The following is a reflection written by Joe Ahlers, one of this year's North House Volunteers. He shared this as a part of the North House community's Pentecost Reflections, which took place May 20th.
When I walk into the Marjorie Kovler Center, I’m immediately surrounded by individuals who truly know what it means to grieve for the old but wait hopefully for the new. The clients of the Kovler Center have experienced and survived the worst sort of cruelty that humankind can inflict on one another; physical and psychological torture. Even after almost a year of having been exposed to a darker world that I didn’t even really know existed, the shock and hopelessness I feel when I hear or read a client’s torture experience has not worn off. But there are certain individuals’ stories that really spoke to me when I thought about waiting in anticipation of the ascension.
One such experience belongs to a survivor that I’ll call “Sean”. I first met him when he walked into the Kovler Center a few days after I first started there. Like many of the Kovler Center’s clients, Sean comes from Sub-Saharan Africa; more specifically from the former British colony of Nigeria. When Sean first came walked in, I will admit that I was more than just a little intimated by him. To put it mildly, Sean is a “big man”, tall and built in such a way that I wouldn’t doubt him if he introduced himself as the 3rd string middle linebacker of the Chicago Bears. But when I started talking to Sean about his experience in his homeland, what really caught me by surprise about him was not his physique, but rather how soon into our conversation he started to break down and cry. Sean explained to me that this was the first time that he had talked about the horrific events in his homeland and he simply could not contain the flood of emotions that he was experiencing. He went on to say that he was a middle class laborer in his native city in Northern Nigeria, with a new wife and a 1 year old daughter. He said the trouble started when an Islamic extremist group, Boko Haram, started to become active in and around the area in which he lived. Sean told me that he was a practicing Christian in a part of the country where very few did. He told me that one night five armed men came to house and started to threaten his family if they would not convert to Islam. To further scare him, they threw his baby daughter in a tub of water and would not let him rescue her. Sean said he’s never been terrified or helpless in his life. The armed men let him go to his daughter after 30 terrifying seconds, where he found her shaken up but alright. The men then left but warned that they would return. Sean immediately took his wife and daughter and fled to Chicago to live with his mother in law, where he learned about the Kovler Center a few weeks later.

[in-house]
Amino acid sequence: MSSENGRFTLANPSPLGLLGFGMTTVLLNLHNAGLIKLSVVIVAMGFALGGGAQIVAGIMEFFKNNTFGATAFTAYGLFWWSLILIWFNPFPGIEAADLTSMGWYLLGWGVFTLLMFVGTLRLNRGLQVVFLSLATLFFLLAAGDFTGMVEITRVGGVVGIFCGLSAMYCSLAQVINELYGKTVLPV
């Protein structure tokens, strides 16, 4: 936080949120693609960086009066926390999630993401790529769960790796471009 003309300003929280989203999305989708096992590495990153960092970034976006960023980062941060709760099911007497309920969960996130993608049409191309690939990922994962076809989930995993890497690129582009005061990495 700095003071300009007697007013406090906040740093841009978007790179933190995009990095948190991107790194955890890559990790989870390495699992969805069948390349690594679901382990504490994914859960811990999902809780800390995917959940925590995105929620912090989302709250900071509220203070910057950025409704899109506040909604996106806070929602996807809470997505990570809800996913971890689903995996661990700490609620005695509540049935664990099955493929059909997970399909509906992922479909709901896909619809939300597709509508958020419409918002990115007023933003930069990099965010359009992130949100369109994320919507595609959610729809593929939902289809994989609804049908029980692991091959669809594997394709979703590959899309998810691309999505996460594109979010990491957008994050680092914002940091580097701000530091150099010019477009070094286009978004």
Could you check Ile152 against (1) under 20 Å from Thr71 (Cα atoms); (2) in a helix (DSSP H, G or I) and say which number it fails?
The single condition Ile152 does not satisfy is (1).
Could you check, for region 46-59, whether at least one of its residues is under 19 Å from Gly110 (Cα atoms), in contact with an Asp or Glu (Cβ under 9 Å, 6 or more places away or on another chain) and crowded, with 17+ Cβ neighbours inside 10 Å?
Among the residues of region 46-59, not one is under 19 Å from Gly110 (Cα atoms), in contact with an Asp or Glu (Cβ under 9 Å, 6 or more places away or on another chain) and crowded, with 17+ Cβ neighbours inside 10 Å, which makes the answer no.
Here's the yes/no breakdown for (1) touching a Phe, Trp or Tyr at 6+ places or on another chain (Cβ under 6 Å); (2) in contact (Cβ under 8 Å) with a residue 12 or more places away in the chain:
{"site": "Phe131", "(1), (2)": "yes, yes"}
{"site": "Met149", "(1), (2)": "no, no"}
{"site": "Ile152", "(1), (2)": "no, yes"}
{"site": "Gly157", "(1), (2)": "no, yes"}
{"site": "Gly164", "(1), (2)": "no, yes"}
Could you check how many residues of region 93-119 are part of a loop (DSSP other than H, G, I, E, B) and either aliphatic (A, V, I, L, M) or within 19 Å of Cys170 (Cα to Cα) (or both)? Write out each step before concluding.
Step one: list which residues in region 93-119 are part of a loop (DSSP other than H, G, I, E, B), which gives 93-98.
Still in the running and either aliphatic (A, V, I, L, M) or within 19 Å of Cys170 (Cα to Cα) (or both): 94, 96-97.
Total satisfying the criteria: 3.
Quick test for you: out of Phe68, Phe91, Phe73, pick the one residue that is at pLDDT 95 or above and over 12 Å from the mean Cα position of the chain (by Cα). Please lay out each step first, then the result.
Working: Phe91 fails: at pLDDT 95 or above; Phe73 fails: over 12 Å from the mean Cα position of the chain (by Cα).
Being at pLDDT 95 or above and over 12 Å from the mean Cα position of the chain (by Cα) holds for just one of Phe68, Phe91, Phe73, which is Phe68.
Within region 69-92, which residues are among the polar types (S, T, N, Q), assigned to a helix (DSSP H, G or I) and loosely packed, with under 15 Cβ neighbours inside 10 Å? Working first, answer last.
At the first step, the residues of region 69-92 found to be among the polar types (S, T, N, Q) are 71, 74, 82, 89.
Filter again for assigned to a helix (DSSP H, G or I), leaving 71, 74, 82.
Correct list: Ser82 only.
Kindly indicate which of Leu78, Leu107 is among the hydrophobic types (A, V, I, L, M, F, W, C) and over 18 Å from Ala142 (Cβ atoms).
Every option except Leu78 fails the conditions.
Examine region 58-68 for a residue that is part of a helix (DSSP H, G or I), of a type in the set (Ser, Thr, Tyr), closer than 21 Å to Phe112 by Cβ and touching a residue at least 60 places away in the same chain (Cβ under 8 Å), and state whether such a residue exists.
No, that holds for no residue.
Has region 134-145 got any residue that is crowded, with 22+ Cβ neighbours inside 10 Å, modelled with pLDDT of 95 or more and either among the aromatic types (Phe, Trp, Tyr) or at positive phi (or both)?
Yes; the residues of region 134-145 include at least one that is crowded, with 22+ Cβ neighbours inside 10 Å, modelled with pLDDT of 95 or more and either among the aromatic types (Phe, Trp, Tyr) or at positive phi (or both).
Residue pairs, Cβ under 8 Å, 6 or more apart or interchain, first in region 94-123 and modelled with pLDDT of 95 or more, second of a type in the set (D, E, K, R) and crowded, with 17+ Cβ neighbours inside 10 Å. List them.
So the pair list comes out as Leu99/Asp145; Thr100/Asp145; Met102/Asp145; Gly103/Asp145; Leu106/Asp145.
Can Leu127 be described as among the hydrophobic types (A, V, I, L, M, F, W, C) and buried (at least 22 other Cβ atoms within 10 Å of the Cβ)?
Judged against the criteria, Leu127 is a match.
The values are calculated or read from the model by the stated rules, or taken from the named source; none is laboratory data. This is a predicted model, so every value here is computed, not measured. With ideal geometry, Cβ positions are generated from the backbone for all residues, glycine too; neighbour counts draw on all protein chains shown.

Sean left his entire life, culture, customs, and anyone he’s ever known behind, and was severely traumatized by his experience. But with the help of his family, the Kovler Center, and his own resilience and hopefulness, Sean was able to start to feel whole again. A few months after I first met him, he told us that his wife was pregnant. A few weeks ago, his wife gave birth to a healthy baby boy with a huge mop of thick black curly hair that looks like he’ll be just as big as his father one day.
This is just one example to me of grieving the old and waiting hopefully for the new. Although I can never imagine what it feels like to leave behind everything and start over in a new world like our clients do, I’d like to think like that serving for two years has been a small taste of their experience. I think we all feel some sort of grief for the friends, family, and lives we left behind when we entered this weird and wonderful experience called Amate House. I for one still miss times where the world seemed so much simpler and pure. Although I still find myself fairly anxious when I think about the impending storm of what staff likes to call “life after Amate”, I know that I will have the countless stories of strength and resilience of people like Sean and the support of eight other housemates to help guide me through whatever comes next.